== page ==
Valient Thorr - OId Salt (Cover Artwork)
Staff Review

Valient Thorr

OId Salt (2016)


In the 2000s, Volcom Entertainment employed some of the wildest, craziest guitar-based punk bands including Valient Thorr, a group of loud bearded men who were as insane as they were talented. In the decade since the amazing Legends of the World, Valient Thorr continued on, releasing albums to various success. But the quick heavy riffs stayed a consistent force.

Old Salt, their first for Napalm Records, begins with a bang. “Mirakuru” sees the whole band starting at 100MPH. “Lil Knife” chugs forward with the humorous image of Valient Himself wielding a tiny weapon. “Cut and Run” boasts the best chorus on the album. Then the band settles into a groove.

The riffs remain, but the vibe changes drastically. Compromising between new territory and the same old tricks, Valient Thorr leans too heavily on their talented axe men attempting to define what the guitars mean. They are standouts in some otherwise underwhelming songs (“The Shroud”). However, the back-to-back-to-back “The Trudge,” “Worm Up,” and “Spellbroke” combination throws the album into a long-winded spiral. Each song devolves into a slowed down jam session not even killer guitar solos can save. “The Trudge” is actually quite entertaining, with its Devo-esque verses and giant Valient Himself hook. But even the title suggests we’re about to go on a lengthy journey. By the time the album arrives at the two-minute instrumental acoustic “Linen Maker,” it’s refreshing to hear a change of pace only solidifying the guitars as the stars.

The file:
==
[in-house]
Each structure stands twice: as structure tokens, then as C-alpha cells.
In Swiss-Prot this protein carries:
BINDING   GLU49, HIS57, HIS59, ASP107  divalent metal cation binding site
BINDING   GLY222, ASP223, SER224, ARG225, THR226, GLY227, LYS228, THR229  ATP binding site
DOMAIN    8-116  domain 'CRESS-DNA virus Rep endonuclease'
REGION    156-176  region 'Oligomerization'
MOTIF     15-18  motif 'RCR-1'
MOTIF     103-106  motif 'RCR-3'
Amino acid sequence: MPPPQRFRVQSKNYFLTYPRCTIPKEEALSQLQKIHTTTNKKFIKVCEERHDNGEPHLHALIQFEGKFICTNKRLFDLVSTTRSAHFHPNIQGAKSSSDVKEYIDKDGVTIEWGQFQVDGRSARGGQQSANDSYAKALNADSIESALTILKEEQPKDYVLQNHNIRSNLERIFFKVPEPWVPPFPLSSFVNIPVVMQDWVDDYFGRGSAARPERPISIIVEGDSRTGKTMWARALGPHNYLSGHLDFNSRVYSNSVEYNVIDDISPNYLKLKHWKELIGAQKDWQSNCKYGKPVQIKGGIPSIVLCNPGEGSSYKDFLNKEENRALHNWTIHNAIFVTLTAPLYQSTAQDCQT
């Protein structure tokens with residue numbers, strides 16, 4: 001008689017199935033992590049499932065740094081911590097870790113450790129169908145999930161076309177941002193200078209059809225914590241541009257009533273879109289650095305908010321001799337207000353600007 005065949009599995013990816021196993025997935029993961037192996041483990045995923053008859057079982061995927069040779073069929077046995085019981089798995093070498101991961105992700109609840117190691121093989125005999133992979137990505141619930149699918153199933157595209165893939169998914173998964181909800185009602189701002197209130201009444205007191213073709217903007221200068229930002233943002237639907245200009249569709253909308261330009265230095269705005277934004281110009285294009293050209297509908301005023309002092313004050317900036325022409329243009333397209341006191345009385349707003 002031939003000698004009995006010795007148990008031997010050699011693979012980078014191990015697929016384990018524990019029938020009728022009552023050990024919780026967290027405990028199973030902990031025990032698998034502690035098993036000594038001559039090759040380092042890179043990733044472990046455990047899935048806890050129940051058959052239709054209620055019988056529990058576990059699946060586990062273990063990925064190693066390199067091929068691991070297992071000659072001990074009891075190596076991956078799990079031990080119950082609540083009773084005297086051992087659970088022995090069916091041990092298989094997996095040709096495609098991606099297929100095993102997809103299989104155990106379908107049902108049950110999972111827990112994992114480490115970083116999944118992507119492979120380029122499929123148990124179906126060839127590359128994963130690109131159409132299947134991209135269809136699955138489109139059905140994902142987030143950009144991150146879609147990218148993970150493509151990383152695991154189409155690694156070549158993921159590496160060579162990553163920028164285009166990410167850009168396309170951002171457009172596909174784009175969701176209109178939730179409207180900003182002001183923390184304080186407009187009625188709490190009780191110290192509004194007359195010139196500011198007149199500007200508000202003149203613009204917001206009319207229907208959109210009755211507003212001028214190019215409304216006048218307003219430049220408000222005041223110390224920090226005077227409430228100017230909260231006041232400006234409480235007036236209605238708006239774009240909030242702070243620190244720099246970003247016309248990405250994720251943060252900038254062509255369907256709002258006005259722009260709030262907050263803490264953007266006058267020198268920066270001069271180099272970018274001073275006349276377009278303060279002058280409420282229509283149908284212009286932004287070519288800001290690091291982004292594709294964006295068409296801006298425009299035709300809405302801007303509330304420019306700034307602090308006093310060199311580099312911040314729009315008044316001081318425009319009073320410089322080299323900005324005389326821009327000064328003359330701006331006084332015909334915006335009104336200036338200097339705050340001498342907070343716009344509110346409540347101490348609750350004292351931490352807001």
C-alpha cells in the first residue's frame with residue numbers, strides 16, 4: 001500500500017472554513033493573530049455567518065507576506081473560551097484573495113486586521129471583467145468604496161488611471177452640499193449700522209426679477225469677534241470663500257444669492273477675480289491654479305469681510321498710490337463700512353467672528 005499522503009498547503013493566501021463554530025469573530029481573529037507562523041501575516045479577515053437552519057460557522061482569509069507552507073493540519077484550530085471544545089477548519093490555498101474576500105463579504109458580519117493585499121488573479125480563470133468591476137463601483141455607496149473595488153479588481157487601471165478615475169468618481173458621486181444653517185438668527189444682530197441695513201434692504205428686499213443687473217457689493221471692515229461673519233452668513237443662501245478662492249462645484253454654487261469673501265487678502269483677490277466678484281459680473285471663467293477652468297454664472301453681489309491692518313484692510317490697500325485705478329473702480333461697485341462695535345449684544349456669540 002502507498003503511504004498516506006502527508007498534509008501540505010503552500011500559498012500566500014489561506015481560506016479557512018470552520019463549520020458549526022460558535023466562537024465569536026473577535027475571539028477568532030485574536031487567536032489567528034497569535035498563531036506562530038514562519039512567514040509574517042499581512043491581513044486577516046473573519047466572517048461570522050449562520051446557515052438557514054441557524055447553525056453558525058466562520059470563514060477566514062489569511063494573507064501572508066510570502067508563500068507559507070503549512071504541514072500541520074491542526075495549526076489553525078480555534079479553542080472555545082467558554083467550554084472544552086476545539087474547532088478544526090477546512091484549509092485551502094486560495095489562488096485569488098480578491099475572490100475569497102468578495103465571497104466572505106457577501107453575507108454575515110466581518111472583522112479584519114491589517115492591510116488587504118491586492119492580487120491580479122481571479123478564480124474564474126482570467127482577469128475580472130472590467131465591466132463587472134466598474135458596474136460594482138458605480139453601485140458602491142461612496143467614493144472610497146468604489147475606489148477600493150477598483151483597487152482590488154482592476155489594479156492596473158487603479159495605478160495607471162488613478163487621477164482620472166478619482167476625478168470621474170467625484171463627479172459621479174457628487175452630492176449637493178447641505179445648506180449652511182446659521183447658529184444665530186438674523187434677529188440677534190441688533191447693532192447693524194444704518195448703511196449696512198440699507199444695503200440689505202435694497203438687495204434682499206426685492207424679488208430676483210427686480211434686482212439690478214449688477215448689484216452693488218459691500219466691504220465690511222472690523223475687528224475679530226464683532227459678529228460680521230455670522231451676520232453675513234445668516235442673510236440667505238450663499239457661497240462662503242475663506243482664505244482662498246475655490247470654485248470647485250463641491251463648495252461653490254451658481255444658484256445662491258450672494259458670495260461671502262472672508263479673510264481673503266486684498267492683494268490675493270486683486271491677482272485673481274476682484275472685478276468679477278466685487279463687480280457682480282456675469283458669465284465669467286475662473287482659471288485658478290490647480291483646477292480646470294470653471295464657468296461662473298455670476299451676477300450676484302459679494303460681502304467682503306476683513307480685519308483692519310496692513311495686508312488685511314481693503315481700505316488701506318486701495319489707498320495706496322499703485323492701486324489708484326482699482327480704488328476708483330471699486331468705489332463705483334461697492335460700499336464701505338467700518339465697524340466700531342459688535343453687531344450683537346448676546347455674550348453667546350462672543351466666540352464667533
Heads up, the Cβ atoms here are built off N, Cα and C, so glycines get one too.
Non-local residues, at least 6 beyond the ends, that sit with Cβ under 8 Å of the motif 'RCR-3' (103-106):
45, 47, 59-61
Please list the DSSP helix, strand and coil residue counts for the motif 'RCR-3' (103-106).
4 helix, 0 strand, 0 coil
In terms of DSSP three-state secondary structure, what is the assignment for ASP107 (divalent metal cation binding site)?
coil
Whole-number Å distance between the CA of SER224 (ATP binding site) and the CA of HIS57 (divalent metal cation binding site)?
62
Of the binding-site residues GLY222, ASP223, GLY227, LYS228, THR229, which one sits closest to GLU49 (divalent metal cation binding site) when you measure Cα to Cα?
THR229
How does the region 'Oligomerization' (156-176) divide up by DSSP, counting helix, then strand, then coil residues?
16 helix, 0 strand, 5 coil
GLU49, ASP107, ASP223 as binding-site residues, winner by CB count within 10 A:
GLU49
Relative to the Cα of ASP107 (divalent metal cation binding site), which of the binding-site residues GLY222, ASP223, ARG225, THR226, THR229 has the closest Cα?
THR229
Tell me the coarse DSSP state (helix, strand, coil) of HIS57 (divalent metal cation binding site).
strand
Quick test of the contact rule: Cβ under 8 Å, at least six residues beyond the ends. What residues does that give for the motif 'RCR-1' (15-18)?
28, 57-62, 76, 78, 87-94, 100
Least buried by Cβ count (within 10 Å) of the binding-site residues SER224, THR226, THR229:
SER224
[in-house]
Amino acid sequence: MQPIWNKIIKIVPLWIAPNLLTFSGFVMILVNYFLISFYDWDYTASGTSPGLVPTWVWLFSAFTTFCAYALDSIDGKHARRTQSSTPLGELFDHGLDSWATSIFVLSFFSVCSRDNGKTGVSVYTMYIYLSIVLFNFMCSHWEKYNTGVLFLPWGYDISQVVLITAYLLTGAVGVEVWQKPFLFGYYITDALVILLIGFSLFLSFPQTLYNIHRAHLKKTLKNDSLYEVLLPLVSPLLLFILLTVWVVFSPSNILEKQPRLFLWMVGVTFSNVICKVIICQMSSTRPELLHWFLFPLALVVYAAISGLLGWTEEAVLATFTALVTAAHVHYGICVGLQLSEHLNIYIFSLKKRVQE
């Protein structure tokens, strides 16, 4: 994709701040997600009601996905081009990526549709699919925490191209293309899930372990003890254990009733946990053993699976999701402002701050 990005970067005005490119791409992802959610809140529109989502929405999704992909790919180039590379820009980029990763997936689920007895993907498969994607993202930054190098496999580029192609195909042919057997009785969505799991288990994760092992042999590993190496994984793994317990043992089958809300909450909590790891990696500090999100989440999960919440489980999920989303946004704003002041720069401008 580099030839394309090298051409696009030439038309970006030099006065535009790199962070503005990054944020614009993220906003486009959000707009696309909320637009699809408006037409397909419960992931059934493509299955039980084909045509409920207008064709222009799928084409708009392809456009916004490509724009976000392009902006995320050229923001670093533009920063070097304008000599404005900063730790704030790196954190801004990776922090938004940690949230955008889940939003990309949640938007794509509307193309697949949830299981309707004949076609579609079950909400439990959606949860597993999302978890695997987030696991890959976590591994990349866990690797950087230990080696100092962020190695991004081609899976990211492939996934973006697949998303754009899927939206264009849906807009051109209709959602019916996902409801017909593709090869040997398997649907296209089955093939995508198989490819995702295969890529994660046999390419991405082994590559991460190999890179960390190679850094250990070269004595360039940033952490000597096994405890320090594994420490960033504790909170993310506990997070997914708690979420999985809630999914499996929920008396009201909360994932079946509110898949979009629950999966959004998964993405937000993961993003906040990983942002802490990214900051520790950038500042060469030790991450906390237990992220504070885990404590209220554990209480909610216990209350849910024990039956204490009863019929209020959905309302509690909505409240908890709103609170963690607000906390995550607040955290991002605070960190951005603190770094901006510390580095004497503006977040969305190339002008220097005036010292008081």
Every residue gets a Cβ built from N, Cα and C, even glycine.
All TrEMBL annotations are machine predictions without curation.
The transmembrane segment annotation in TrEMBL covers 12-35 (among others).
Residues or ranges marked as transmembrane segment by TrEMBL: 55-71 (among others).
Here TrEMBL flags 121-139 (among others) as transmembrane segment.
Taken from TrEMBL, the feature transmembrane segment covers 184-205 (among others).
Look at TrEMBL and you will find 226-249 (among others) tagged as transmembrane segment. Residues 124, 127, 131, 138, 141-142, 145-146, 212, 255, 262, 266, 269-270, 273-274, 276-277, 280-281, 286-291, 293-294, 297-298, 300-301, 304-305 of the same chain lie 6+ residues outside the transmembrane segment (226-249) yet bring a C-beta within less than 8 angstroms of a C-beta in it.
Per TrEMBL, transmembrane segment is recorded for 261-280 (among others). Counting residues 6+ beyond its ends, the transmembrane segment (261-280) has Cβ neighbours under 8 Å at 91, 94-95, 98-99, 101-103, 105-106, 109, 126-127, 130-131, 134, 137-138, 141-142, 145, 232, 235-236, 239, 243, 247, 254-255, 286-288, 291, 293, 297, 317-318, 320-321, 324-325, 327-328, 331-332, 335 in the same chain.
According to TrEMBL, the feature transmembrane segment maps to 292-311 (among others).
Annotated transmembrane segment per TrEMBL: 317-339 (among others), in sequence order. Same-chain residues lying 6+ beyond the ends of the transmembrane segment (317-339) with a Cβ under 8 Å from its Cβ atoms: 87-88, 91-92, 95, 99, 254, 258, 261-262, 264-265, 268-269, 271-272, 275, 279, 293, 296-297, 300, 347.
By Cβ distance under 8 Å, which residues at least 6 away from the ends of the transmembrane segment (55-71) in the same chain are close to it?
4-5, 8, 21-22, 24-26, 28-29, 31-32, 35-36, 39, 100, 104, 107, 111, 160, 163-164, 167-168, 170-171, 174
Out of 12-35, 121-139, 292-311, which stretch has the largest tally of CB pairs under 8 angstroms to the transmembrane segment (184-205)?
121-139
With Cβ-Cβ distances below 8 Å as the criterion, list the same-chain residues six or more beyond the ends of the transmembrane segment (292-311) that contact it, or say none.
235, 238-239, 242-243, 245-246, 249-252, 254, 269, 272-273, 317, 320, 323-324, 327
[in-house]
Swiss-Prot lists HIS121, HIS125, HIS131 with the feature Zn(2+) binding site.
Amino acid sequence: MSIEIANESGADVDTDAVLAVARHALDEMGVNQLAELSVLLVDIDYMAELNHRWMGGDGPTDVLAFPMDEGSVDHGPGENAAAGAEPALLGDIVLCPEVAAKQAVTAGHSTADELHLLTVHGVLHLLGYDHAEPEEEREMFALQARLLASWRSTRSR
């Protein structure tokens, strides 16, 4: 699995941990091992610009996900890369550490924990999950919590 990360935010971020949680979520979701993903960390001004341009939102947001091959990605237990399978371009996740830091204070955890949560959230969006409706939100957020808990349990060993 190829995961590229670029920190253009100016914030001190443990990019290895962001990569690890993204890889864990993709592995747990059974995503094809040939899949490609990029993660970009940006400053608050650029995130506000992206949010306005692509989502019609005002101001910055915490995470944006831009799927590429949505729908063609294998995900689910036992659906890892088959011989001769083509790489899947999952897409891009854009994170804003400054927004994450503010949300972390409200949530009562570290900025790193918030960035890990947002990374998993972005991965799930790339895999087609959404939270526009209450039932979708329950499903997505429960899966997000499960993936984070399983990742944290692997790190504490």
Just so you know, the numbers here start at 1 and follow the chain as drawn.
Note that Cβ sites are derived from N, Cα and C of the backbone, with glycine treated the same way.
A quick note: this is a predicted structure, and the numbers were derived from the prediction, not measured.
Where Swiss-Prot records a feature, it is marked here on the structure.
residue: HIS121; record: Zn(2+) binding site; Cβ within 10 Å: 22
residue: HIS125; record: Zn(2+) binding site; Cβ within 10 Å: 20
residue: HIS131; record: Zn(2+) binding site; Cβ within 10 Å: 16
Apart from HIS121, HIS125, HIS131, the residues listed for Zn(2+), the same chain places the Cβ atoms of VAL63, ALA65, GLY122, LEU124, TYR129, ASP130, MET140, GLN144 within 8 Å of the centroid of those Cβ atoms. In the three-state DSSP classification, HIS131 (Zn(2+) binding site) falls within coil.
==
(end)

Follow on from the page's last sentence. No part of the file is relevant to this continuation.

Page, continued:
Then we’re thrust back into the party. “Looking Glass” is easily the best song on the record. The re-found confidence emanates from the whole band as they sing, “Mirror, mirror do you see? Who’s that looking back at me?” With that and “Jealous Gods,” the band ends the album on a high note, one hinted at early on yet lost somewhere in between.

At forty-five minutes (not uncommon for the band), Old Salt feels long. One less song could really have kept the pace moving better. But most of all, this feels like a transitional album for Valient Thorr. One where they’re trying to figure out if they can keep up such a rapid pace or if slowing down and focusing on the technical fretwork is the more logical step. Here’s to hoping they keep the party alive.